‘The End of Democracy?’
BY Jim Cosgrove
January 12-18, 1997 Issue | Posted 1/12/97 at 1:00 PM
Responding to their critics, the editors of First Things featured the following statement in the January 1997 issue of the journal (excerpted).
We did not choose this controversy. It was started by a judiciary, and most particularly by a Supreme Court, that has increasingly arrogated to itself the legislative and executive functions of government. In more recent years, the judiciary has disregarded and nullified the democratic deliberations and decisions of the American people on how we ought to order our life together, which is the subject matter of politics. That is what is meant by the judicial usurpation of politics. The Supreme Court itself, notably in the Casey decision of 1992, has raised the question of the legitimacy of its rulings, and called upon the people to ratify that legitimacy by following its lead. We believe the governed have not given their consent to being governed by the courts, unless ignorance and indifference are construed as consent.
At question here is not merely a series of errors, even appalling errors, in particular court decisions. If the judiciary continues on its present course, if it does not restrain itself, and if there is no way to restrain it, we are witnessing the end of democracy. And when we speak of the end of democracy it is not inappropriate to allude to the authoritarian and totalitarian alternatives to democracy, no matter how uncomfortable such allusions may be.…
[W]e note only that a government, such as ours, that makes its claim to legitimacy on the basis of democratic theory and practice raises a question about its legitimacy when it violates democratic theory and practice. The judicial usurpation of politics is a grievous violation of democratic theory and practice.…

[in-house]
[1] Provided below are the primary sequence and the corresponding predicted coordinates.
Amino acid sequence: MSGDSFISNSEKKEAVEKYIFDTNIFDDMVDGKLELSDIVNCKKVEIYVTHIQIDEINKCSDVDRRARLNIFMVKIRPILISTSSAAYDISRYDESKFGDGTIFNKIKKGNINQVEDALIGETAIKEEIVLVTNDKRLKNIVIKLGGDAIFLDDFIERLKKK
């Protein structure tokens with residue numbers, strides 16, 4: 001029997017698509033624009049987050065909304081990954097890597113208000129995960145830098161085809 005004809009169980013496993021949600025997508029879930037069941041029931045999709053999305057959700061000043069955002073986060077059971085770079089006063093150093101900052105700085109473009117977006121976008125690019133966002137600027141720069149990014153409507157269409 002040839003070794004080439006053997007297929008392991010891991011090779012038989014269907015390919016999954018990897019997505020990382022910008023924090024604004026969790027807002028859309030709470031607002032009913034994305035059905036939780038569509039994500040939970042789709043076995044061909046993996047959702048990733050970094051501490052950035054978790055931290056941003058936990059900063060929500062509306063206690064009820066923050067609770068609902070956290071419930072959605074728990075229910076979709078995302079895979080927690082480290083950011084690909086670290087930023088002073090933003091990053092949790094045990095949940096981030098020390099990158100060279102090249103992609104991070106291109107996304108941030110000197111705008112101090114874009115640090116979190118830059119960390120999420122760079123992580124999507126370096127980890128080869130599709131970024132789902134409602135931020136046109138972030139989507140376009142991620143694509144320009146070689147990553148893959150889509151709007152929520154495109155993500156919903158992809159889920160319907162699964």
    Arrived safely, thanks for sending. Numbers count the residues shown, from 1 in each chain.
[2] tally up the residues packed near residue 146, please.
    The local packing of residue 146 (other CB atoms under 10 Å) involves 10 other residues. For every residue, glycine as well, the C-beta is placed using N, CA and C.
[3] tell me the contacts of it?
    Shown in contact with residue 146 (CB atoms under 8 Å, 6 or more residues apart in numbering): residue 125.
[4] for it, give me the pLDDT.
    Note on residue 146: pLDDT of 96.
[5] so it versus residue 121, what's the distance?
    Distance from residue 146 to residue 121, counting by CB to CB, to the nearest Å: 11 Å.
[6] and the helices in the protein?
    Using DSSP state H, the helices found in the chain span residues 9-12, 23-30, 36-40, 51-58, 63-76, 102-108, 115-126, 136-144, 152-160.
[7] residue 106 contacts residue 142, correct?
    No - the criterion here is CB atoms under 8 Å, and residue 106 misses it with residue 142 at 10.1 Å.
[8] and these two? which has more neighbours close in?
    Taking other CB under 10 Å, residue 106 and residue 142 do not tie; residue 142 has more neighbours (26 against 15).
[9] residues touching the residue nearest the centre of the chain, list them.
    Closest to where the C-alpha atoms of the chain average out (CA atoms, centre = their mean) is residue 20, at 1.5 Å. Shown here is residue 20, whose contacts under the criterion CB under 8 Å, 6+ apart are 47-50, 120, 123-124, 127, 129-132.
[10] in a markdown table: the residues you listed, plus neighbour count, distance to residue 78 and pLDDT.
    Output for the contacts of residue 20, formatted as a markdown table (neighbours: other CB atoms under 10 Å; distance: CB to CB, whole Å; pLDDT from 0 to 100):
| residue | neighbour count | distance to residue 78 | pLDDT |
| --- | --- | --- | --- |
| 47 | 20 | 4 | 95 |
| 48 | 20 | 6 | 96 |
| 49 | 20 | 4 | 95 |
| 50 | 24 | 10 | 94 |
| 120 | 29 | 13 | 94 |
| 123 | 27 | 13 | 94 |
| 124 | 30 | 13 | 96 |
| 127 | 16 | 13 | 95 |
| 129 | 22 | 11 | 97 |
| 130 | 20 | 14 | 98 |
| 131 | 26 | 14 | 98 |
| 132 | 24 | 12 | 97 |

Perhaps the most ominous development is the growing explicitness with which the judiciary rejects any moral law superior to the law of the state, as defined by the courts. The Supreme Court decisions analyzed in detail in the November symposium would seem to declare that the Judeo-Christian moral tradition has no standing in our polity. More than that, the court suggests in Romer that citizens whose vote is motivated by “an ethic and morality which transcends human invention” are illegitimately imposing their religion upon others. That claim figures prominently also in circuit court decisions on assisted suicide that are now before the Supreme Court.
Almost all Americans claim adherence to an ethic and morality that transcends human invention, and, for all but a relatively small minority, that adherence is expressed in terms of biblical religion. By the strange doctrine promulgated by the courts, Christians, Jews, and others who adhere to a transcendent morality would, to the extent that their actions as citizens are influenced by that morality, be effectively disenfranchised. It is a doctrine that ends up by casting religious Americans, traditionally the most loyal of citizens, into the role of enemies of the public order. We cannot help but believe that the courts do not intend that consequence. They must be given every possible encouragement to abandon the reckless course they are presently pursuing.…
Some critics claim that the symposium and its reverberations prove once again that religion in the public square is a subversive force. There is a strong element of truth in that. Certainly authentic religion cannot be captive to any political or ideological movement, whether of the right or of the left. The crisis of the judicial usurpation of politics is not created, however, by religion's problem with the judiciary. It is created by the judiciary's problem with religion. Indeed, it is created by the judiciary's problem with being held accountable, in accord with the will of the people, to any judgment other than its own. In Casey the court worried about the legitimacy of the law that it is making. It is right to worry. It should be more worried than it apparently is. If, as we hope, we are not on the way to the end of democracy, the judiciary will restrain itself, or it will be restrained.
Readers can obtain the full text of the First Things November symposium as well as the letters and statements by critics and supporters of the symposium by contacting The Institute on Religion and Public Life, which publishes First Things:
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